After my husband and I closed on our house in May, I told Justin that I could not promise him I wouldn’t take the same route to a renovation project some day. And the more he drags his feet about knocking down the wall between our kitchen and living room, the more I consider buying a sledgehammer for myself.

All of that is to say, yes, we bought a mild fixer upper for our first home. On the fixer upper scale, it is on the low end of needing renovations, but it is exactly what we wanted to get our feet wet as homeowners.

Our house was built in 2005 and hasn’t been updated since then. It is a lovely home with lots of unique character, but if we want to profit from it when we sell it, we have to do some renovations.

I had grand ideas that we would start rolling through projects as soon as we moved in. I quickly learned, though, to expect the unexpected with a fixer upper. 

So many of our projects have been delayed because, in the process of starting them, other (unexpected) issues arose that needed immediate attentions and derailed us. 

First, it was our air conditioning. Just as we were starting to shop for new flooring for the house — and right in the middle of summer — our AC stopped working.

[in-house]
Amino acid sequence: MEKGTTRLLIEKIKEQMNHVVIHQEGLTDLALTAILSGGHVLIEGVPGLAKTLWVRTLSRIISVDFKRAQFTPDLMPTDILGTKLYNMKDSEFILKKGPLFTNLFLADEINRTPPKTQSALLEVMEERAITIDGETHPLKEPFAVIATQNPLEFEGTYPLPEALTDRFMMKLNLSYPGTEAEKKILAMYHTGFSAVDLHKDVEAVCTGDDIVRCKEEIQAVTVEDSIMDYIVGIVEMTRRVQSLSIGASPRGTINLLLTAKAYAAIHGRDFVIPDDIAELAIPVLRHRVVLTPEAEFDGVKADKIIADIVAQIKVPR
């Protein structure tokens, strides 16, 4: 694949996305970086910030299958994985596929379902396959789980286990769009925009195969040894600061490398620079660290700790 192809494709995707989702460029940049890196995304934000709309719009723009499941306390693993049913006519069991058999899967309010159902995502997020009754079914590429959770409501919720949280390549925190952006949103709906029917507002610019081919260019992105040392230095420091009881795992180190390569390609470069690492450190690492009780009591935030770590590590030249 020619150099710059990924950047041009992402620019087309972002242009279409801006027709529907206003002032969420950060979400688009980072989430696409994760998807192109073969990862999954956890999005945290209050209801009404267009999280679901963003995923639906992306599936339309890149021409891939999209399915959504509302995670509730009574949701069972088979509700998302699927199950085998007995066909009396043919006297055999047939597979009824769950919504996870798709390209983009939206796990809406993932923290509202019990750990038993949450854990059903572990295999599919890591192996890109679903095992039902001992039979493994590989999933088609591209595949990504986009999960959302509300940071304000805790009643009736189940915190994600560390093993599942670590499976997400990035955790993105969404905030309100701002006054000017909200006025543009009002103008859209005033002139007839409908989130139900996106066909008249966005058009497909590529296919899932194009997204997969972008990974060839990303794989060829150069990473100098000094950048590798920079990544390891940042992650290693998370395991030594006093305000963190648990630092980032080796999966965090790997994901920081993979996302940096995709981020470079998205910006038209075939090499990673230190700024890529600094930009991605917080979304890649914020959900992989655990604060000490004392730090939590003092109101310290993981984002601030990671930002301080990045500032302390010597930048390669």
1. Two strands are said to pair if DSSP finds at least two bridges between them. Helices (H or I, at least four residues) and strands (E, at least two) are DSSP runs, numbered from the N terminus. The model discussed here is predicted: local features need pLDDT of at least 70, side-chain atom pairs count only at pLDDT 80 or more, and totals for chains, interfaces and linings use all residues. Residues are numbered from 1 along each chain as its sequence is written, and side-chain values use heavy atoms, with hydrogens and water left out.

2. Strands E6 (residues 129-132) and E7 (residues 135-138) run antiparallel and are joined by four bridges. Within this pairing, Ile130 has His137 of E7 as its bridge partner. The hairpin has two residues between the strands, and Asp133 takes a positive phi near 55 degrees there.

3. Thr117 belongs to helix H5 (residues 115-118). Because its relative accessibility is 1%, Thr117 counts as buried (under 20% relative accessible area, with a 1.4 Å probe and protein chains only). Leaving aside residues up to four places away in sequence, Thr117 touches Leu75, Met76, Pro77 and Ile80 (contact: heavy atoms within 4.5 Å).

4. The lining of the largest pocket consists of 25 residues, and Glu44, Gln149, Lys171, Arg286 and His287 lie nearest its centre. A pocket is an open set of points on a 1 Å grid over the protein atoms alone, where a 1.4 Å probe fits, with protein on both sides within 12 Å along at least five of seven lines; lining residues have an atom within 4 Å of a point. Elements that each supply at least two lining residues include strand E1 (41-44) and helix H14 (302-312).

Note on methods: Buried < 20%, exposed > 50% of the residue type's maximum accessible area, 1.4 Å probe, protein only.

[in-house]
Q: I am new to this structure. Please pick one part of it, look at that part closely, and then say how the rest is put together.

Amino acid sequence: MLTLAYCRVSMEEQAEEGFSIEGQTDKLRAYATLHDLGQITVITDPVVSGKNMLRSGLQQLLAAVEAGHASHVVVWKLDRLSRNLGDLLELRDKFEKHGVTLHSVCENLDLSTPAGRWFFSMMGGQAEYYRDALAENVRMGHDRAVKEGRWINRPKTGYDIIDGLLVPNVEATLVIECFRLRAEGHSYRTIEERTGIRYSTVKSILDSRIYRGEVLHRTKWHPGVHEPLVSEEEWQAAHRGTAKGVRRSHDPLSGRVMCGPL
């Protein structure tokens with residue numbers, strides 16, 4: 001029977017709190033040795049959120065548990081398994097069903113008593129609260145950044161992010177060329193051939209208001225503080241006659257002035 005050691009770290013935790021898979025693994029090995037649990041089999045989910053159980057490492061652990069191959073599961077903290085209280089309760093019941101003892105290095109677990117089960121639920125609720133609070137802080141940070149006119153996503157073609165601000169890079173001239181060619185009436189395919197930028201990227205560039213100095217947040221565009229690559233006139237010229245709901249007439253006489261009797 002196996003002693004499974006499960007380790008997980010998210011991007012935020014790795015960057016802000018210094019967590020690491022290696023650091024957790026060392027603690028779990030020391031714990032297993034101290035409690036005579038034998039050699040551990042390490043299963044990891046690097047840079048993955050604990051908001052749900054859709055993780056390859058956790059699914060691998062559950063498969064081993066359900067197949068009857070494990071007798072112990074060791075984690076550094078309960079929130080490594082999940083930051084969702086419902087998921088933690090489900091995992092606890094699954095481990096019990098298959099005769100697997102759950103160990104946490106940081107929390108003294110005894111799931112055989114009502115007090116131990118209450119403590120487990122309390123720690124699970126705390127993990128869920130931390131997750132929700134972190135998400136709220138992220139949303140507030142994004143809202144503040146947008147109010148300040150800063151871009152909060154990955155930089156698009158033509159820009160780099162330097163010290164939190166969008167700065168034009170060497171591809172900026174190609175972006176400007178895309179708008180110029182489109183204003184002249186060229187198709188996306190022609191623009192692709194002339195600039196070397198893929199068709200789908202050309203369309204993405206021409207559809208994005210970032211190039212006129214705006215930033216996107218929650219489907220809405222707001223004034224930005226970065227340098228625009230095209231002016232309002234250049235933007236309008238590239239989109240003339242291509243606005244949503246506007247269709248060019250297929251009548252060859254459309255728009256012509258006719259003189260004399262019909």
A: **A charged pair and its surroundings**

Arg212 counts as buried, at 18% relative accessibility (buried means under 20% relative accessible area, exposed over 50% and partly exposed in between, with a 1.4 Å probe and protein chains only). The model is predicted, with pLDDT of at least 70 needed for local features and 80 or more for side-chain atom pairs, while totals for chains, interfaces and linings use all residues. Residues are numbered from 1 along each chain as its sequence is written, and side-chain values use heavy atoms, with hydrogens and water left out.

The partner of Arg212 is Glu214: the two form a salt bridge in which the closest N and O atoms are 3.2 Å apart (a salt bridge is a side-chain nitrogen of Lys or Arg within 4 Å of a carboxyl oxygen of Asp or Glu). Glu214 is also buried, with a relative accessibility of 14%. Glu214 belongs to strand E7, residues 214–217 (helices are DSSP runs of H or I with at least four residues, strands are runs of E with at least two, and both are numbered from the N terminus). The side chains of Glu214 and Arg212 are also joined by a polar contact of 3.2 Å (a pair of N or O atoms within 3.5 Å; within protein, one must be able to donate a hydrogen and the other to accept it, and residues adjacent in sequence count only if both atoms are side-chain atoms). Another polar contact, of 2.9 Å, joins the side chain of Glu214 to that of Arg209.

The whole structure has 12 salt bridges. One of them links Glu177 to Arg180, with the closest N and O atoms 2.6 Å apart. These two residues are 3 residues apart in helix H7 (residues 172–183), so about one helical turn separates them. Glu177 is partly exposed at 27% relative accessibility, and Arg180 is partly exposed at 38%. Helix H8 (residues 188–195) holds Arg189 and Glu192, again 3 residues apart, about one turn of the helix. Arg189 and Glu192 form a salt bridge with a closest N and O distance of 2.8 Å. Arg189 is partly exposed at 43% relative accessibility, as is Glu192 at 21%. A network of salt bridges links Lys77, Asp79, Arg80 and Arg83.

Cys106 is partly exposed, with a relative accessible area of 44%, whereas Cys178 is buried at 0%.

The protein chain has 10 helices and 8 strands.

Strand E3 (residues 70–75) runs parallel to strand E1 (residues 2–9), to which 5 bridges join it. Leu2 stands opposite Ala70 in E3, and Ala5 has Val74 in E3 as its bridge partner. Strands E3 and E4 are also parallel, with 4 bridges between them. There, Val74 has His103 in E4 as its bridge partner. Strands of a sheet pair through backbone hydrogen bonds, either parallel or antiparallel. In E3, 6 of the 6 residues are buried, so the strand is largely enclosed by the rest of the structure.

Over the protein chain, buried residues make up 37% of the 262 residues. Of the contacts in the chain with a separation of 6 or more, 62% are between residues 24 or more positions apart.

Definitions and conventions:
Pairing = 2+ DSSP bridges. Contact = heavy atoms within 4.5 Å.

Luckily, we do have a home warranty and they covered the expenses for the multiple repairs, but we did have to pay out of pocket for refrigerant — and that was not cheap. It essentially drained the savings we had built up to buy new floors with.

We decided we could live with our floors for a little longer, though, and moved on to our next project: new landscaping in the front and back yards.

Our yard looked terrible when we bought the house, so aerating, seeding, and fertilizing were at the top of the to-do list right away. Once our fence was installed around our backyard, we were ready to tackle these yard projects. 

Or, so we thought. Once we actually started doing the work and pulling weeds in the front of the house, we discovered that a previous owner or possibly even the builder had lined the entire yard with landscape tarp.

The beginning stages of our front yard demolition in the Fall. We truly could not have foreseen this issue. It took us several weekends to remove the landscape tarp — which you can see my husband rolling back in the photo to the right — because it had been there for so long and grass and weeds had grown through it. It was back-breaking work, but we did it!

What we thought was going to be an easy weekend project spiraled into several weekends spent literally ripping up our front yard. 

By the time we finished removing all of the landscape tarp from the front and had it professionally aerated, seeded, and fertilized, it was too late in the season to start on the backyard (which also is lined with landscape tarp). So, the back of the house will have to wait until spring.

This winter we have identified projects inside that, fingers crossed, should not be derailed. But, you truly never know what you will encounter until you start getting your hands dirty and doing the work. Which, I kind of love. 

As a homeowner, though, there will always be something that comes up. So, just remember to expect the unexpected and be prepared for it.